Friday, August 20, 2010

The Magnet and the Church Mouse


My friend Amanda is a magnet.
The last time she visited Fern Forest, H and I took her to a
neighborhood Fourth of July party. I’ve never been so popular as when I was standing close to Amanda. Sitting by the pond, we were surrounded by men who wanted to hear about her travels to Asia and India and her work with the Peace Corps. Women got her talking about her stays at Kripalu and about growing up on the Jersey shore. She practices yoga and meditates. Sometimes she eats tofu and raw veggies. Sometimes she pigs out on ribs and bacon. Always she’s vivacious and beautiful.

She was getting off the subway at the East Broadway station, walking up the stairs on her way back from yoga class. Abner was coming back from a class, walking unusually slow.

"Are you okay?" Amanda said.

"Yes," he said. "Just trying to get in touch with my muscles."

Who was this compassionate woman? Who was this man so tuned in to his body?

They talked. Then he asked her to go swimming. He grew up on the Lower East Side and knows of an Olympic size pool that’s free, and he took her there. He’s a strong swimmer and I imagine he looks pretty good in a suit. He’s fit and his Dominican bronze skin and long curly black hair charmed her.


What a couple
they make. Blonde, cherubic Amanda is bubbly and funny with an underlying Jersey acerbic. Abner is pensive and exudes strength and wisdom. When I first met him, I checked his wrists for gang tattoos—he looked that dangerous.

“Are you in a gang?” I asked.

“No,” he s
aid, “I’m a church mouse.”

His father emigrated from the Dominican Republic and became a Pentecostal preacher on the Lower East Side, and Abner went with him to church every Sunday. When he was fourteen, Abner was riding on a flatbed trailer—a hayride with friends—and his foot got caugh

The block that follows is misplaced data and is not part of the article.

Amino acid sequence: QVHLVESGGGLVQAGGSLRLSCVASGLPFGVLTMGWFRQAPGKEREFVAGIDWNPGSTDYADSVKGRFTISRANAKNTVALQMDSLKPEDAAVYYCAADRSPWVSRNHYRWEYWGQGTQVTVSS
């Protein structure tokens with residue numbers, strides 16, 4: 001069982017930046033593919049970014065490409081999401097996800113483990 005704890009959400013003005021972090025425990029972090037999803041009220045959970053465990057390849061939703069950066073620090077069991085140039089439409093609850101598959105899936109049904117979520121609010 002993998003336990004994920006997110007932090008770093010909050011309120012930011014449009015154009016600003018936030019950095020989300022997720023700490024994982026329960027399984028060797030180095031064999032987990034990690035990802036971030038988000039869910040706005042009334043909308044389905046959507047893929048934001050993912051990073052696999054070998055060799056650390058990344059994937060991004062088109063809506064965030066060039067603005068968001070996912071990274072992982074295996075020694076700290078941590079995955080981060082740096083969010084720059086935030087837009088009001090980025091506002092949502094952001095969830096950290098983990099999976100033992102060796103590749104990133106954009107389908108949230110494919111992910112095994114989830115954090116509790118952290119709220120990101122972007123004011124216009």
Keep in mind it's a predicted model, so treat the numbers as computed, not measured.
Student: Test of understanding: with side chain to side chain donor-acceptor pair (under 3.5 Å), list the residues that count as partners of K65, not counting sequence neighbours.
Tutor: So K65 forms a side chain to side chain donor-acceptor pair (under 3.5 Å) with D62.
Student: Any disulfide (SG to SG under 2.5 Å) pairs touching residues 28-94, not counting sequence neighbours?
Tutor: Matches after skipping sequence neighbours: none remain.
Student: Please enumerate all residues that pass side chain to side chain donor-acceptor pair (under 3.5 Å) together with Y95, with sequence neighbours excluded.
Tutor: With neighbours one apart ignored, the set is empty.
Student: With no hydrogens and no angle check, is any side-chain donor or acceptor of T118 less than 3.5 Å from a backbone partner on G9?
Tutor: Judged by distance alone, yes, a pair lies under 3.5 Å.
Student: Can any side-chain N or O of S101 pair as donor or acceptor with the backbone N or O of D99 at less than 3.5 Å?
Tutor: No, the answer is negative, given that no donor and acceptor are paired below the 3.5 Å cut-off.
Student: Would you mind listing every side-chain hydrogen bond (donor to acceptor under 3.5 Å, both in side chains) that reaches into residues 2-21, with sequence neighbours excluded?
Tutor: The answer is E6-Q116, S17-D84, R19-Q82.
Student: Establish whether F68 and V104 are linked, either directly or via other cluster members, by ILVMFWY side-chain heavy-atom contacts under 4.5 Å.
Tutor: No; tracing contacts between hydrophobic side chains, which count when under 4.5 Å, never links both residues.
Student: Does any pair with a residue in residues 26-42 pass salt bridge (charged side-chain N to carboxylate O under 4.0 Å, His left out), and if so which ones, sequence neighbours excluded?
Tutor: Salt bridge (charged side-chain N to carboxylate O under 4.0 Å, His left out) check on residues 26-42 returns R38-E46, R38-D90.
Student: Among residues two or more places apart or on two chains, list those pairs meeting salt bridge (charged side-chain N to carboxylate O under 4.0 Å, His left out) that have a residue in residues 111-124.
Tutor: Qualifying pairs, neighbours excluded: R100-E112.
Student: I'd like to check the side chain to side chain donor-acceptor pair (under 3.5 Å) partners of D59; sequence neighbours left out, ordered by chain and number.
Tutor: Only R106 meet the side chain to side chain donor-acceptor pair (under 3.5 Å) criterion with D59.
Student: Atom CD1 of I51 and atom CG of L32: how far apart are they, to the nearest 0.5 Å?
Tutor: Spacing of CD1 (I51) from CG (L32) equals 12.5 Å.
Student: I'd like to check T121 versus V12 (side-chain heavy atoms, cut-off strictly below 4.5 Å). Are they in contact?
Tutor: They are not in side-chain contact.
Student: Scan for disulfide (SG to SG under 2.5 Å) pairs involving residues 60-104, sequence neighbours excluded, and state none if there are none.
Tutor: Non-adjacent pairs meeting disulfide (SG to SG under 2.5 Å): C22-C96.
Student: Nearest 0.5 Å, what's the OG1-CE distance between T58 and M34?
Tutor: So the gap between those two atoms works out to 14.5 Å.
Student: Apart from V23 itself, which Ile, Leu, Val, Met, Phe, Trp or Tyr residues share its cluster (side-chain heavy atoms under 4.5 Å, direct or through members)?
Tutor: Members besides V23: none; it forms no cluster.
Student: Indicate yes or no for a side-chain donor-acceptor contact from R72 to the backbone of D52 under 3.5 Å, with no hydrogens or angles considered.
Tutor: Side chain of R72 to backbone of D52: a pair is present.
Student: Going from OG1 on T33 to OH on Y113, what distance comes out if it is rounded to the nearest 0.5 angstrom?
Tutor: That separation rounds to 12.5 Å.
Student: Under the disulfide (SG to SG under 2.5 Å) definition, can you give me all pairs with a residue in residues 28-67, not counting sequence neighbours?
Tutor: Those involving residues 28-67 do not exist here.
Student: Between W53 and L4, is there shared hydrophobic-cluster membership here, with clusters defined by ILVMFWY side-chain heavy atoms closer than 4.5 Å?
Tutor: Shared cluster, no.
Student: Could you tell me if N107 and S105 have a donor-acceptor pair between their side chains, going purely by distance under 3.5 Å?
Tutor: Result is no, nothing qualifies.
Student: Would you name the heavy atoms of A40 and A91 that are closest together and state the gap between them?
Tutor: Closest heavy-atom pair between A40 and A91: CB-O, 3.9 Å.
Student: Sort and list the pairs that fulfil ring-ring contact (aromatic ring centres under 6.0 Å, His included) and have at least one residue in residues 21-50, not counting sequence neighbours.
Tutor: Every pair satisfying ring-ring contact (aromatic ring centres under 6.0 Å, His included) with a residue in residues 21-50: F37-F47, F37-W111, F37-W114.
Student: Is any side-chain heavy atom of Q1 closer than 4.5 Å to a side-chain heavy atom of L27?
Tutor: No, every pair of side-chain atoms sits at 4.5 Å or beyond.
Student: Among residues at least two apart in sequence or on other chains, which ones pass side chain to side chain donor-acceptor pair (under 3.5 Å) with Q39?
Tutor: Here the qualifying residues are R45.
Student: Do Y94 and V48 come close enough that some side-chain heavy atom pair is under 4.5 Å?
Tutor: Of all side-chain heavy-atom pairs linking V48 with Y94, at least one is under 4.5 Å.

t in a wheel. He was pulled off the trailer and his body wrapped around the tire as the truck rolled over him. His bones were broken, but he told his mother, I’m going to recover from this.

Through faith and will, Abner fought back. He majored in philosophy in college and enrolled in seminary but decided he’d be better at teaching physical education. H
e knows how the body can respond to dedicated work, and he wants to pass on to young people what he has learned.

Amanda has a generous heart and is driven to do good in the world. Yesterday she got on a plane for Trieste, where she’ll teach in an international school for a year. Abner went to see her at Jersey shore. They said goodbye on the dock, where he boarded the ferry back to Manhattan. Did she see tears streaming down his cheeks? Maybe. He speaks a little Italian, and perhaps he’ll visit her. Amanda’s a magnet, and I know she’s going to attract new adventures. And maybe some old ones, too.

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